I’ve had problems with anxiety for my entire life. When I was diagnosed with bipolar, I was also diagnosed with Generalized Anxiety Disorder (GAD). Later I was diagnosed with Obsessive Compulsive Disorder (OCD). I also have panic attacks, but I don’t quite meet the criteria for Panic Disorder. I don’t meet those requirements since the worry about future panic attacks does not cause me trouble in the present.
Based on these diagnoses, my first (well second, the first retired shortly after I met him) psychiatrist prescribed a benzodiazepine (tranquilizer). There are many benzos, the one she put me on was Klonopin, or clonazepam, which is the generic name.
I was instructed to take it PRN (as needed), and I did so. I took it maybe 3 or 4 times a week and it was a wonderful med. Since I didn’t take it all the time, there was no problem with withdrawals.
The I went inpatient for the first time. They told me that I should take the Klonopin every time the prescription allowed. After all, I was anxious and in an unfamiliar place, so why not? I was naive about benzos at the time, so I didn’t refuse this.
Then I got out of the hospital and tried to go back to taking the Klonopin PRN. That did not work. I had withdrawals whenever I skipped a dose. Nasty withdrawals that got worse fast if I held off a dose. I didn’t like this, but I did have anxiety, so I should be taking an anxiety med, shouldn’t I? So I just kept taking it.
There was a problem though, I built up a tolerance to the med. It got less effective the longer I took it. It was a small dose, so we just increased it. Over and over. Eventually I was at the maximum dose and it still kept getting less and less effective.
What to do? She switched me to Xanax, or alprazolam. That was great at first, it was effective. But again, tolerance built up. At some point it too was ineffective. But I could not stop taking it. This irked me greatly.
At some point another problem became evident. My mind was slower and cloudier than it normally was. My mother said that, “The sparkle is gone from your eyes.” My mental life just wasn’t what it used to be. That irked me even more than the withdrawals.
What to do? I couldn’t stop taking it, but I had to. So I went to my psychiatrist and asked what I could do. This was a new Dr. and he said that he preferred his clients not to use benzos for exactly the same reason that I didn’t want to be taking it.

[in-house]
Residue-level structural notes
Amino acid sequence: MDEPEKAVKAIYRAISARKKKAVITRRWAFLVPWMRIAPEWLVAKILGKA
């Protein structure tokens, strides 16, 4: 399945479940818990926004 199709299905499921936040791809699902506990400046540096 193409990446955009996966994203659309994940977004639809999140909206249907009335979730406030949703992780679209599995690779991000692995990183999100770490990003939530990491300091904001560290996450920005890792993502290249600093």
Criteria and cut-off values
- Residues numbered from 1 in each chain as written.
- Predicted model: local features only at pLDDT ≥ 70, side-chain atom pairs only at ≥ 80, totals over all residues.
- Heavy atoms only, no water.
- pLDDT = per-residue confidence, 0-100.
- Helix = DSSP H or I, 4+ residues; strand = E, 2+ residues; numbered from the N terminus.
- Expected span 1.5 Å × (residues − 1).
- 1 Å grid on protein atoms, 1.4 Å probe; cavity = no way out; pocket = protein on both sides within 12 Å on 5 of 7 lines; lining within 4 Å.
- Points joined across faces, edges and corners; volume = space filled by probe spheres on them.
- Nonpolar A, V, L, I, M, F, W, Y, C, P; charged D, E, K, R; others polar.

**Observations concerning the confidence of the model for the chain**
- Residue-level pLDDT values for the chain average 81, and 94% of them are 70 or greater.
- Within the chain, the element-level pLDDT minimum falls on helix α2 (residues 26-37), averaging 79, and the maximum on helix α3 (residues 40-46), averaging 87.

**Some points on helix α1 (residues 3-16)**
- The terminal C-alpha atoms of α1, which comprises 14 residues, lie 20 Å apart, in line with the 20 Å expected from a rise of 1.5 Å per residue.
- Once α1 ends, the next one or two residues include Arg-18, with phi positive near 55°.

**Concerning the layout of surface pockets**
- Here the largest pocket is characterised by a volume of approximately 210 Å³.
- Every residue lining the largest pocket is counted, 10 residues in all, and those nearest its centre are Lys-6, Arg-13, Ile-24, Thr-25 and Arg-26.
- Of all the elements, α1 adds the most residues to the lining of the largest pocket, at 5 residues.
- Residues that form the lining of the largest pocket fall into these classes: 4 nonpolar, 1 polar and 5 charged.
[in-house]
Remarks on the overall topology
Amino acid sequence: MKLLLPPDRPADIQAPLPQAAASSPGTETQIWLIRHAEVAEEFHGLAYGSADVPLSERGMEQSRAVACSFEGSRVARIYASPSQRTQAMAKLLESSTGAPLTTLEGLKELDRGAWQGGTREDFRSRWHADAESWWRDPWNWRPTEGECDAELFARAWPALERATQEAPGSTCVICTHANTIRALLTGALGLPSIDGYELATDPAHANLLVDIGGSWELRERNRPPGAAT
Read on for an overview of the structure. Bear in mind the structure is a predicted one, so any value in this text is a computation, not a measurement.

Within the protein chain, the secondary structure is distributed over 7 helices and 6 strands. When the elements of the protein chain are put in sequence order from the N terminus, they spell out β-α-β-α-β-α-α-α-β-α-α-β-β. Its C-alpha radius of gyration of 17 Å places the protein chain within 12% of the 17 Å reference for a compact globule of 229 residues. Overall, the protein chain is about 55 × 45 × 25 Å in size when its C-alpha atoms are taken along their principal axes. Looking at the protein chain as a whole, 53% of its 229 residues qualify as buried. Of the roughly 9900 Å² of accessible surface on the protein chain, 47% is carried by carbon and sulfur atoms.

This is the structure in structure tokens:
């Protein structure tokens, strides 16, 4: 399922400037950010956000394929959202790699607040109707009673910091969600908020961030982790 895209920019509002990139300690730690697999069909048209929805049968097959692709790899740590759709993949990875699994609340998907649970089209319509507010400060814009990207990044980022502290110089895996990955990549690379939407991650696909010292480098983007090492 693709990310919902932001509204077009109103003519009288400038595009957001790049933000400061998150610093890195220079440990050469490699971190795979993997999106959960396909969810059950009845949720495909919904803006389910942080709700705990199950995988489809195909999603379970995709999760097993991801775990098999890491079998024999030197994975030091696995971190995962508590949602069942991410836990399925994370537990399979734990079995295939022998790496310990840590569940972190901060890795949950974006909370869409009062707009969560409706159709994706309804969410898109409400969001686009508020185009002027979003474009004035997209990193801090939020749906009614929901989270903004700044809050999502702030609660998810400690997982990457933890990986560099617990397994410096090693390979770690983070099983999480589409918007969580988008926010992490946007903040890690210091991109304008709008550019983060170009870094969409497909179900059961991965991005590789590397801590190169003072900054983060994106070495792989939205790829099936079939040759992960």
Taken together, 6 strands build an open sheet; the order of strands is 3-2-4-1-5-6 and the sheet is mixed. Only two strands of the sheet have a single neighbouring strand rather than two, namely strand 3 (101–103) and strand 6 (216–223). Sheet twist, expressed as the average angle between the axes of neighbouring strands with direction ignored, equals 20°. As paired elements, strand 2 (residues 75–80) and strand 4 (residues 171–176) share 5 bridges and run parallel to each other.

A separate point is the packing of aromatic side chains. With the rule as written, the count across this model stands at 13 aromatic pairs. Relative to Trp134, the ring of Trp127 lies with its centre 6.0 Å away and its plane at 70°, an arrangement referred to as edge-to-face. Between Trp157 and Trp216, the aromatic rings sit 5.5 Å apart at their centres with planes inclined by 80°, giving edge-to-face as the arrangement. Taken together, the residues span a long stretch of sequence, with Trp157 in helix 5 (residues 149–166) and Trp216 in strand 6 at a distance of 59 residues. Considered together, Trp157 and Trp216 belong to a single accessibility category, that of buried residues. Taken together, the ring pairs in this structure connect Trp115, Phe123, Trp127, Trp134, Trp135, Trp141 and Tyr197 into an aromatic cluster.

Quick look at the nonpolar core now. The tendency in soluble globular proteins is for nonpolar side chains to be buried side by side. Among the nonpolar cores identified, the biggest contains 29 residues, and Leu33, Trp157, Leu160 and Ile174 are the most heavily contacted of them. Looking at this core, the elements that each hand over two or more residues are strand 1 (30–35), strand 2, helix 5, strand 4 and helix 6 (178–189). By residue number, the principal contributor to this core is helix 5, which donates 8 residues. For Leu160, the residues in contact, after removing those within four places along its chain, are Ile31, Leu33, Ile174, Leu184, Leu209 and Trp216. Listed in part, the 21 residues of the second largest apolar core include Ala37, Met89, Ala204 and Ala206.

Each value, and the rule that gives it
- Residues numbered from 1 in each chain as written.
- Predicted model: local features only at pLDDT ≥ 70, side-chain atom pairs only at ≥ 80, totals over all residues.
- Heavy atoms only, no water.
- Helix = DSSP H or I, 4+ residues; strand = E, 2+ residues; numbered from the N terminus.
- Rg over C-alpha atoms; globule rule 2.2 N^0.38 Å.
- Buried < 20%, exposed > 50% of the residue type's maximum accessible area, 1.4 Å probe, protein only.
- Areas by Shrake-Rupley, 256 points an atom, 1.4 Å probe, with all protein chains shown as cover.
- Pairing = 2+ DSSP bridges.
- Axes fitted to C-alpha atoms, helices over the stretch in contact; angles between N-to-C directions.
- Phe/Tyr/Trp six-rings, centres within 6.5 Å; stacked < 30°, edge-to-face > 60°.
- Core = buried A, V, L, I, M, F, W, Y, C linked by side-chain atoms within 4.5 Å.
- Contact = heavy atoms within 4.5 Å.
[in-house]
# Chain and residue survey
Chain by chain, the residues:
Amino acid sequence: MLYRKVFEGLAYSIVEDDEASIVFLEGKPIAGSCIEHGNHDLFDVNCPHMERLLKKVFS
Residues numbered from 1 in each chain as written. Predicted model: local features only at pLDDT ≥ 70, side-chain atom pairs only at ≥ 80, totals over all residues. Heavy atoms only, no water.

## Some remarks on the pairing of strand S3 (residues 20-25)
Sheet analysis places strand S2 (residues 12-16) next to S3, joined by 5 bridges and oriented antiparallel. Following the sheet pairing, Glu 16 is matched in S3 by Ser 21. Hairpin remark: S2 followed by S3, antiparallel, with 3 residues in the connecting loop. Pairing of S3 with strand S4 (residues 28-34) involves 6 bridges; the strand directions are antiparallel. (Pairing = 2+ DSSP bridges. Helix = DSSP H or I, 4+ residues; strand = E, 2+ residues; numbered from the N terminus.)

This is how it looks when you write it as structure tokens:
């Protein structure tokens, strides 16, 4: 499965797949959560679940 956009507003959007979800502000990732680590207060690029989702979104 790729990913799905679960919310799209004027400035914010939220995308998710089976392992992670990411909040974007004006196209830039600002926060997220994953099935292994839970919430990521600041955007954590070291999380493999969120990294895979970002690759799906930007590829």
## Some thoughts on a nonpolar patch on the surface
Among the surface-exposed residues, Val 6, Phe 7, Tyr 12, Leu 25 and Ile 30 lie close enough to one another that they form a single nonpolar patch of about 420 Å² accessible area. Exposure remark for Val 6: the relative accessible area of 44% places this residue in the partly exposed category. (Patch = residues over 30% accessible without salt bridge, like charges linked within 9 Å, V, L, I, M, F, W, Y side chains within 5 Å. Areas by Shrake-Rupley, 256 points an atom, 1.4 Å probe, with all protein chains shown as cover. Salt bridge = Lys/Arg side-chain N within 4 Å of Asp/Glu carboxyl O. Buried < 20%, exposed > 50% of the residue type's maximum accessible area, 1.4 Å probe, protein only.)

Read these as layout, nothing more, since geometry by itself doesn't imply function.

We came up with a plan to titrate (slowly change) off the Xanax. It would take six weeks. It was miserable. I couldn’t sleep, I had the shakes, and it felt like my skeleton was trying to crawl out of my body. And then I hit the first week when I took none. The misery went up massively.
It took another six weeks of no Xanax before I started feeling close to normal again. I still couldn’t sleep. Three months and I was off the Xanax, but I still couldn’t sleep. Normally I sleep well, I’m one of the lucky people with bipolar who only has sleep problems during mania. Not anymore.
I complained about this, and was put on Remeron, or mirtazapine. Remeron is an antidepressant that causes such drowsiness that it is used as a sleeping pill. I’ve never known anyone to take it as an antidepressant, it’s just too sedating. It only sort of worked and gave me horrible hangovers. I could sleep a little at night, but then in the day I couldn’t stay awake.
After about nine months, my life started coming together. I could sleep, the “sparkle” was back and I was thinking clearly. Was it worth getting off the benzos? I think so, but it was not easy.
Would I ever take a benzo again? Never on a regular basis, but maybe for a one-time event like dental work. It’s not really an issue around here though, doctors, even psychiatrists, are so scared of the DEA that they will not prescribe benzos (and will only prescribe pain meds for very short periods of time, even after surgery). This happened after a local clinic was shut down for over prescribing meds that could be (and were being) abused. Everyone who worked there, not just the medical staff, went to prison. It seems that they were all in on it. They were an extreme case, they really were supporting drug abuse, but now everyone is paying the price. Worst off were their legitimate patients who saw them for non-drug-abuse purposes. No local doctor or clinic would take them Even in nearby cities. They were pariahs. It’s like they were radioactive. It was a very big clinic too, lots of people were affected. One person I know had to keep going to the ER to get prescriptions for her insulin. That stigma and discrimination has passed and those patients can find doctors now, but still no benzos and pain meds for only a short period of time.